SC&A has put together an exhibit of materials from various productions of Eugene O’Neill’s only comedy Ah, Wilderness! On display in the A wing of Fenwick Library are photographs, playbills, scripts, production and technical notes, and other materials from Arena Stage, the Federal Theatre Project of the 1930s, and Studio Theatre productions.Â The materials are part of the Theatre and Performing Arts Collections held in SC&A. The exhibit was inspired by the GMU Players and their current production of Ah, Wilderness!, directed by Howard Kurtz. The show runs through November 1st.
Image from the 1978 Arena Stage Production
Set from 1938 FTP Production in Los Angeles.Â Â Act II, Scene I: Back room of a bar in a small hotel
Script from the 1978 Arena Stage Production with notes from director Edward Cornell
A researcher inquiry recently led me to review the John C. Becher Soldier Show Collection and get a few laughs in the process.Â The collection illustrates the various ways the U.S. military used comedy to maintain high morale during World War II.Â Spanning the years 1940-1953, the collection includes poems, quizzes, crafts manuals, original songs, song parodies, sheet music, pamphlets, theatrical manuals and guides, and comedy routines.Â A significant portion of the material was created by military personnel attending the Special Services School in Lexington, Virginia. Unlike entertainment produced by the USO-camp shows, the Becher Collection highlights material produced by soldiers for soldiers.Â Intended to engage soldiers through participation, the collection reveals insight into the mentality of World War II soldiers and the era in general.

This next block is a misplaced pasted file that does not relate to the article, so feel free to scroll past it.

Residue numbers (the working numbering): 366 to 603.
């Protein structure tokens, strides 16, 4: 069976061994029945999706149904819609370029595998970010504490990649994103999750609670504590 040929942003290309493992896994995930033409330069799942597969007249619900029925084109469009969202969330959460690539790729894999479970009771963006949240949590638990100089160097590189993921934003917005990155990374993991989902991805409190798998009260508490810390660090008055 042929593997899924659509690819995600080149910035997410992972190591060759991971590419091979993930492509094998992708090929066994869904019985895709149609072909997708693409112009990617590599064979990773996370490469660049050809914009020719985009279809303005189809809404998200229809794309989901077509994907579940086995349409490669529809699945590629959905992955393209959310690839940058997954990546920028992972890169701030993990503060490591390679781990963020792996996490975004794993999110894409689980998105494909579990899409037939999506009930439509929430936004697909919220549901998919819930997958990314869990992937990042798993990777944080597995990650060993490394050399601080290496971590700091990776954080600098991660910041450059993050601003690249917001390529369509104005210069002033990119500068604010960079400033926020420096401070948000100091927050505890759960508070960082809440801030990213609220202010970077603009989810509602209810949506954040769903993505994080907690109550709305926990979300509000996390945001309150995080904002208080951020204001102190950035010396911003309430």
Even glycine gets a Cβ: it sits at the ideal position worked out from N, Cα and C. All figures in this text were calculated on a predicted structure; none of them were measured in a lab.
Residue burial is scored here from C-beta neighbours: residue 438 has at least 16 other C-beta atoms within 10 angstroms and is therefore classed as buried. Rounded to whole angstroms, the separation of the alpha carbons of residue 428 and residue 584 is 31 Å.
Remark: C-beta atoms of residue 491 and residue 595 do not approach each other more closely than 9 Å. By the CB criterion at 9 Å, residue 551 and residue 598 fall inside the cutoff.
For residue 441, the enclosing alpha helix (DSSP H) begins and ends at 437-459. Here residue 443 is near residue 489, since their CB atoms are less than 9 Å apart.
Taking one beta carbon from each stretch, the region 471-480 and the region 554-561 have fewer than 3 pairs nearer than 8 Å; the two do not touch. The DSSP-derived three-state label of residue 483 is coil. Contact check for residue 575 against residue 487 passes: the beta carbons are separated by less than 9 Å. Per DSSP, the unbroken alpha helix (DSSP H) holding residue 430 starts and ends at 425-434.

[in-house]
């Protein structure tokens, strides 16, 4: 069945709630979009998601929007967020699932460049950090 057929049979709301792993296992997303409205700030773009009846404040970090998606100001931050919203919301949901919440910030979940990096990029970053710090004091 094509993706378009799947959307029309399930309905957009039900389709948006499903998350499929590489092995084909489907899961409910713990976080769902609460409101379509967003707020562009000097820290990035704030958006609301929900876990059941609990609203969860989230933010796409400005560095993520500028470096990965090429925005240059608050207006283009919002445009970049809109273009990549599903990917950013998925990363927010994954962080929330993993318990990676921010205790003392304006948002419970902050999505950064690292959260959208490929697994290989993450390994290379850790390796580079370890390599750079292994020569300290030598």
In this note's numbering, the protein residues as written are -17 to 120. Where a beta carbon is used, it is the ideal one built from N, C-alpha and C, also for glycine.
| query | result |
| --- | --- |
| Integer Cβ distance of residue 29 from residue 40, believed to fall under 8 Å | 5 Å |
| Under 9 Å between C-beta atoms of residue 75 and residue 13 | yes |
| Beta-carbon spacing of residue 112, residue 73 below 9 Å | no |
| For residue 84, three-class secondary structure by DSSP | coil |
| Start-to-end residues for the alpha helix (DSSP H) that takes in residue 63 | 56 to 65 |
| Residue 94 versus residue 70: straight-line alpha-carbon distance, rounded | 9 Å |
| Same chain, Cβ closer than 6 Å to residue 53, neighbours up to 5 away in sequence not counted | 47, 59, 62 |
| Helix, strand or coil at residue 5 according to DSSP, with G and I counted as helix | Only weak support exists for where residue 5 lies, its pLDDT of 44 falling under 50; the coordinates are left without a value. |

Cover of a Soldier Show script.
Cover of a Soldier Show script.
Those participating in soldier shows sang parodies, read poetry, and performed comedy routines.Â Below are a few of my favorite pieces from the collection.
What To Do In Case Of An Air Raid
How To Be A Success In The Army
Chow Hounds General Orders
For more information about the John C. Becher Soldier Show Collection, please see http://sca.gmu.edu/finding_aids/becher.html
Poster for Archives Month in Virginia, 2009
An image from SC&A’s Ollie Atkins Photograph Collection is featured in the poster for The Library of Virginia’s Archives in Virginia celebration. The collection contains photographs, negatives and contact sheets dating from 1943 to 1974. The images, numbering nearly 57,000, are representative of his work with The American Red Cross, The Saturday Evening Post, and the United States government as official photographer to President Nixon.
To find out more about:
the Ollie Atkins Collection, please visit:
Archives Month in Virginia:
As the baseball season moves into the playoffs without a Washington, D.C. team in the mix, I thought it would be appropriate to post some photographs from another disappointing season for D.C. In 1971 the Washington Senators played their final game at RFK Stadium, and, as you can see from the images, the fans were very displeased with the owner’s decision to move the club to Texas where the team would be renamed the Rangers. In fact police were placed on the field to make sure the fans did not get out of control, although one did manage to run around on the field. These photographs are from the Jack Rottier photograph collection. Rottier was a photographer with the National Park Service for many years, but he also photographed other scenes and events in the Washington, D.C. area.
Boy in Senators Baseball Cap, September 30, 1971
Senators Fans with Sign "Send Short to Texas Keep the Senators", September 30, 1971
Fan on the Field, September 30, 1971
Fan with Cartoon Sign, September 30, 1971
Senators Baseball Field, September 30, 1971